Because of the right of public access in Sweden, there are a lot of tourism focused on experiencing the Scandinavian nature and our wildlife. The rule of thumb is “do not destroy, do not disturb” which means that you leave a place just the same as it was when you arrived.
If you are hiking you’re allowed to spend a few nights in one place without asking for permission from the landowner, as long as you are not disturbing someone living there. For example; no camping in someone’s backyard, or on a field where a farmer has crops planted, or on newly replanted forest.
The right of public access is however not applicable to fishing and hunting. To fish you need special permission, a fishing card that are sold by landowners or fishing conservation agencies (fiskevårdsförening in Swedish) and special rules for how much and when you are allowed to fish. During spawning season, some fish are protected in certain areas because of their declining numbers, and there may be certain rules for catch and release or if you intend to keep your catch.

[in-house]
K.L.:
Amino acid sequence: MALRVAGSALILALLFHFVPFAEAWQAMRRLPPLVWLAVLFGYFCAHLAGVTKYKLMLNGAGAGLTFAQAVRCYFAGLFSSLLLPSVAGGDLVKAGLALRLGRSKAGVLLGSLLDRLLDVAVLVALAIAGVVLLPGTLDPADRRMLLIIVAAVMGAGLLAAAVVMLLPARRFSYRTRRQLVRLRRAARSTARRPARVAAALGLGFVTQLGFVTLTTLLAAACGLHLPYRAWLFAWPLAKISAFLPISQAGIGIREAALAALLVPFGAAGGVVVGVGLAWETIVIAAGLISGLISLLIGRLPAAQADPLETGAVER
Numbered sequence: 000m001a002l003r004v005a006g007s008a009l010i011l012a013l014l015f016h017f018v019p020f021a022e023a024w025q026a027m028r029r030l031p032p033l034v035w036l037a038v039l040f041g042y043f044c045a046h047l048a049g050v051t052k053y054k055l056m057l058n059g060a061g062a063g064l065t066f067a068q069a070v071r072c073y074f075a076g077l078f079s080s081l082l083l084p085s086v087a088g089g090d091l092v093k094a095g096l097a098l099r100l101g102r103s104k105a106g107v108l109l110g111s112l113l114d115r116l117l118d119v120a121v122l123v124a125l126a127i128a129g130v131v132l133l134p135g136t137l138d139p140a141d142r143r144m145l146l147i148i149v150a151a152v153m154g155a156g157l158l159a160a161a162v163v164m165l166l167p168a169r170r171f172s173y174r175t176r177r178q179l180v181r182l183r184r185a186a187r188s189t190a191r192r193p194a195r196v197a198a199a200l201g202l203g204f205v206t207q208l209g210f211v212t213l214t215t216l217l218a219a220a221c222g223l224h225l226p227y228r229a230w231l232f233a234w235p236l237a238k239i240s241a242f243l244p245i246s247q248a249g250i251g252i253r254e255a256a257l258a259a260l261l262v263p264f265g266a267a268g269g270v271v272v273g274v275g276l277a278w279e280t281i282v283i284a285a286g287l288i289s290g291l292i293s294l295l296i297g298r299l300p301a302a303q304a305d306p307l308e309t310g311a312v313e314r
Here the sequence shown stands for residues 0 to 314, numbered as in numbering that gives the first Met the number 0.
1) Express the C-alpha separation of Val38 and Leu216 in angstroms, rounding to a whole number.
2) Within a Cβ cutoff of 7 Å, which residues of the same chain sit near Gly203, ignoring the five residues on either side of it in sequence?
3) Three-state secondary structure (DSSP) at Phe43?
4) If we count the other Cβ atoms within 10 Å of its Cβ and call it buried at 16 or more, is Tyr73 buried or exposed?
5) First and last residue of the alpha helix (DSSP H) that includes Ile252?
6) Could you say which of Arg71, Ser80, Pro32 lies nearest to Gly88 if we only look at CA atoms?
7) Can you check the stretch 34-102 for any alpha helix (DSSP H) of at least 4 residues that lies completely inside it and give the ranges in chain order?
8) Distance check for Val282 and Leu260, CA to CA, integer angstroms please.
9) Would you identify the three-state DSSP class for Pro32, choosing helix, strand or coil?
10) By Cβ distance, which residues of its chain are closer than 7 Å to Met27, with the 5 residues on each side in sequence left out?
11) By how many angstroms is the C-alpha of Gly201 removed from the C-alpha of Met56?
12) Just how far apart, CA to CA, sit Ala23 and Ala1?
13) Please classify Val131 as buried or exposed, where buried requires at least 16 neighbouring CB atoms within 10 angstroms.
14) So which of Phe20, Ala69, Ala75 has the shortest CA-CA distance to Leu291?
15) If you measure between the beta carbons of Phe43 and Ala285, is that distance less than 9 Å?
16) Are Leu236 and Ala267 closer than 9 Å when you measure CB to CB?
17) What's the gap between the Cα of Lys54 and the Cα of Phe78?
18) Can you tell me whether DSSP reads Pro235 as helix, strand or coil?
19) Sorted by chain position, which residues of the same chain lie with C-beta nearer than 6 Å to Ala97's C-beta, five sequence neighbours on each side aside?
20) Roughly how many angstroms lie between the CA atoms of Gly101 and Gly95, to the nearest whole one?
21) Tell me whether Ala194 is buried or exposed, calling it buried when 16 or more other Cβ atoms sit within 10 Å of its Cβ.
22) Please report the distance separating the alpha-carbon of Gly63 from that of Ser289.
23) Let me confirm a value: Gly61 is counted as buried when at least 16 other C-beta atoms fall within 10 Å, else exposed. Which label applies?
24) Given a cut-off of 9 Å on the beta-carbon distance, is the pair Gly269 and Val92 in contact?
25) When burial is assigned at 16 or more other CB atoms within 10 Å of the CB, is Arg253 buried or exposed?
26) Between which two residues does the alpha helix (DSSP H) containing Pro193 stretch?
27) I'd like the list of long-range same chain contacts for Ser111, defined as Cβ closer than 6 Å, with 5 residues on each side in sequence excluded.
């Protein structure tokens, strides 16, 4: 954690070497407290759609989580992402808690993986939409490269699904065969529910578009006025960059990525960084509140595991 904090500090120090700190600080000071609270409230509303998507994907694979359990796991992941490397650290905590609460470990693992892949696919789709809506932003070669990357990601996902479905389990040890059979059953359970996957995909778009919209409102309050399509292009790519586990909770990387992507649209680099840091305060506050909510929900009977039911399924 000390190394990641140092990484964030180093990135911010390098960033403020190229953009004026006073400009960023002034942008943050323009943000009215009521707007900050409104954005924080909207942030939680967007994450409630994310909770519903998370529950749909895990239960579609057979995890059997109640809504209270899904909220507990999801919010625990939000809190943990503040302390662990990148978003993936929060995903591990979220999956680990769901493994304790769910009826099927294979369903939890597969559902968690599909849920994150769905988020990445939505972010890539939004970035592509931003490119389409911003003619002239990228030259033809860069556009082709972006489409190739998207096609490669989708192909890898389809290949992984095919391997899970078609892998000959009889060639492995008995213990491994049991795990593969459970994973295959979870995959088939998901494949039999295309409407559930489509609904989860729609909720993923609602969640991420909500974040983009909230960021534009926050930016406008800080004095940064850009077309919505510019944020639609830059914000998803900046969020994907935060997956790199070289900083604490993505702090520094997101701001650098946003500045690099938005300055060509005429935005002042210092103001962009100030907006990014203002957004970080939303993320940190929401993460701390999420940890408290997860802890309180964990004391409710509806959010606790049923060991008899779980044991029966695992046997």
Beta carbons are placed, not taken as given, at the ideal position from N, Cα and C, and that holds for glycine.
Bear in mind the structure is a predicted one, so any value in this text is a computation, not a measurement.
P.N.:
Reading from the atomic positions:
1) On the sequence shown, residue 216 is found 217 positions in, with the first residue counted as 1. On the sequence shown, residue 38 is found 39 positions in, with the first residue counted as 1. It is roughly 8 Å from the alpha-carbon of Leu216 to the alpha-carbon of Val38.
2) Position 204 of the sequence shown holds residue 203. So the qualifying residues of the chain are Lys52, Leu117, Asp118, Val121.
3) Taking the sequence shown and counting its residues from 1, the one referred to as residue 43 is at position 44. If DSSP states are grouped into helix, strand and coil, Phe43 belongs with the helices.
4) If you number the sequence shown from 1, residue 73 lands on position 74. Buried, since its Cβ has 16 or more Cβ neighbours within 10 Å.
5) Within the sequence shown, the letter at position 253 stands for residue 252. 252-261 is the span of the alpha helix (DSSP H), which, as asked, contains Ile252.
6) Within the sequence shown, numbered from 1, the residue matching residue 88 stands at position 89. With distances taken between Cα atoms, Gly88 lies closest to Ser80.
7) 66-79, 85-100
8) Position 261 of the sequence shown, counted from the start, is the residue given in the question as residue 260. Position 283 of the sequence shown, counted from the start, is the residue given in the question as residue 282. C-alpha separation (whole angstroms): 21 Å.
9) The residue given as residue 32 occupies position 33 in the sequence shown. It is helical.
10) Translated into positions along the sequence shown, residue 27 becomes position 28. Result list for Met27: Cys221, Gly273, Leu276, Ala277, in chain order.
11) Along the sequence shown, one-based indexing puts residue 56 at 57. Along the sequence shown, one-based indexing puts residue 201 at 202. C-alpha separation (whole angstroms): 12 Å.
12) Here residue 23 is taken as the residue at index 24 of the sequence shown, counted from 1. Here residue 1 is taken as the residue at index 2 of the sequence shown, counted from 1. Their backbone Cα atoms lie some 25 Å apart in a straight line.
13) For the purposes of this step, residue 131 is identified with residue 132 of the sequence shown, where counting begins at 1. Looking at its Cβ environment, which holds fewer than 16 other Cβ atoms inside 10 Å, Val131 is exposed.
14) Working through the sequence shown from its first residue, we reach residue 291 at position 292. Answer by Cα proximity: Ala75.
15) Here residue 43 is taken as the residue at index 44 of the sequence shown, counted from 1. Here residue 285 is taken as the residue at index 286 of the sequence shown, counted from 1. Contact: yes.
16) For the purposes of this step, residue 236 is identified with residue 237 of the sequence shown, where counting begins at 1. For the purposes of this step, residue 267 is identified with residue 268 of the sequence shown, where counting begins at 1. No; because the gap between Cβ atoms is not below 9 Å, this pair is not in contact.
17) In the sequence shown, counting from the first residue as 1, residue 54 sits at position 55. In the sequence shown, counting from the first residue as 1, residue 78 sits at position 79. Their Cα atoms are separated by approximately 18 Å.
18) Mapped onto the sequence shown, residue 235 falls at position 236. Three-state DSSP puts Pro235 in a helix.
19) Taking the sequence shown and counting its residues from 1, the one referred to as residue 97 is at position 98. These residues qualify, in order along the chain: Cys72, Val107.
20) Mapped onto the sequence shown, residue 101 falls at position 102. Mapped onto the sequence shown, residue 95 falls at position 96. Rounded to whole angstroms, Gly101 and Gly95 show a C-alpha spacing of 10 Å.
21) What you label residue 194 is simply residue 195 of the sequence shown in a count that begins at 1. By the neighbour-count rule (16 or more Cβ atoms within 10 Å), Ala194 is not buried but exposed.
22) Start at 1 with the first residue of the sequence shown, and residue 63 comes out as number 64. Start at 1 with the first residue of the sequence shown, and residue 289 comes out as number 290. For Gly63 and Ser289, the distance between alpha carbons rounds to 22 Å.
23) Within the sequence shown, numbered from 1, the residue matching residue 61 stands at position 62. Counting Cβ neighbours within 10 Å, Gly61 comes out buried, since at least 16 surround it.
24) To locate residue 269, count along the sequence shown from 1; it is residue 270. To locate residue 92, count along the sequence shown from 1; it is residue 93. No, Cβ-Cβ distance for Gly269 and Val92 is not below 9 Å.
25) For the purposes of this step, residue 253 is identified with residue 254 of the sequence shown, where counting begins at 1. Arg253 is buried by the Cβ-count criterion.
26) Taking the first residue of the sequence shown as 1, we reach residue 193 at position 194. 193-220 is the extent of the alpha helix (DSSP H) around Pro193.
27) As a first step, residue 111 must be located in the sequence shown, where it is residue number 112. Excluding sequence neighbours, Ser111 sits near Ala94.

If you are interested in fishing in a certain area you can contact either the municipality in question or the tourist agency in that area, they have the information you need to get in touch with someone selling fishing cards.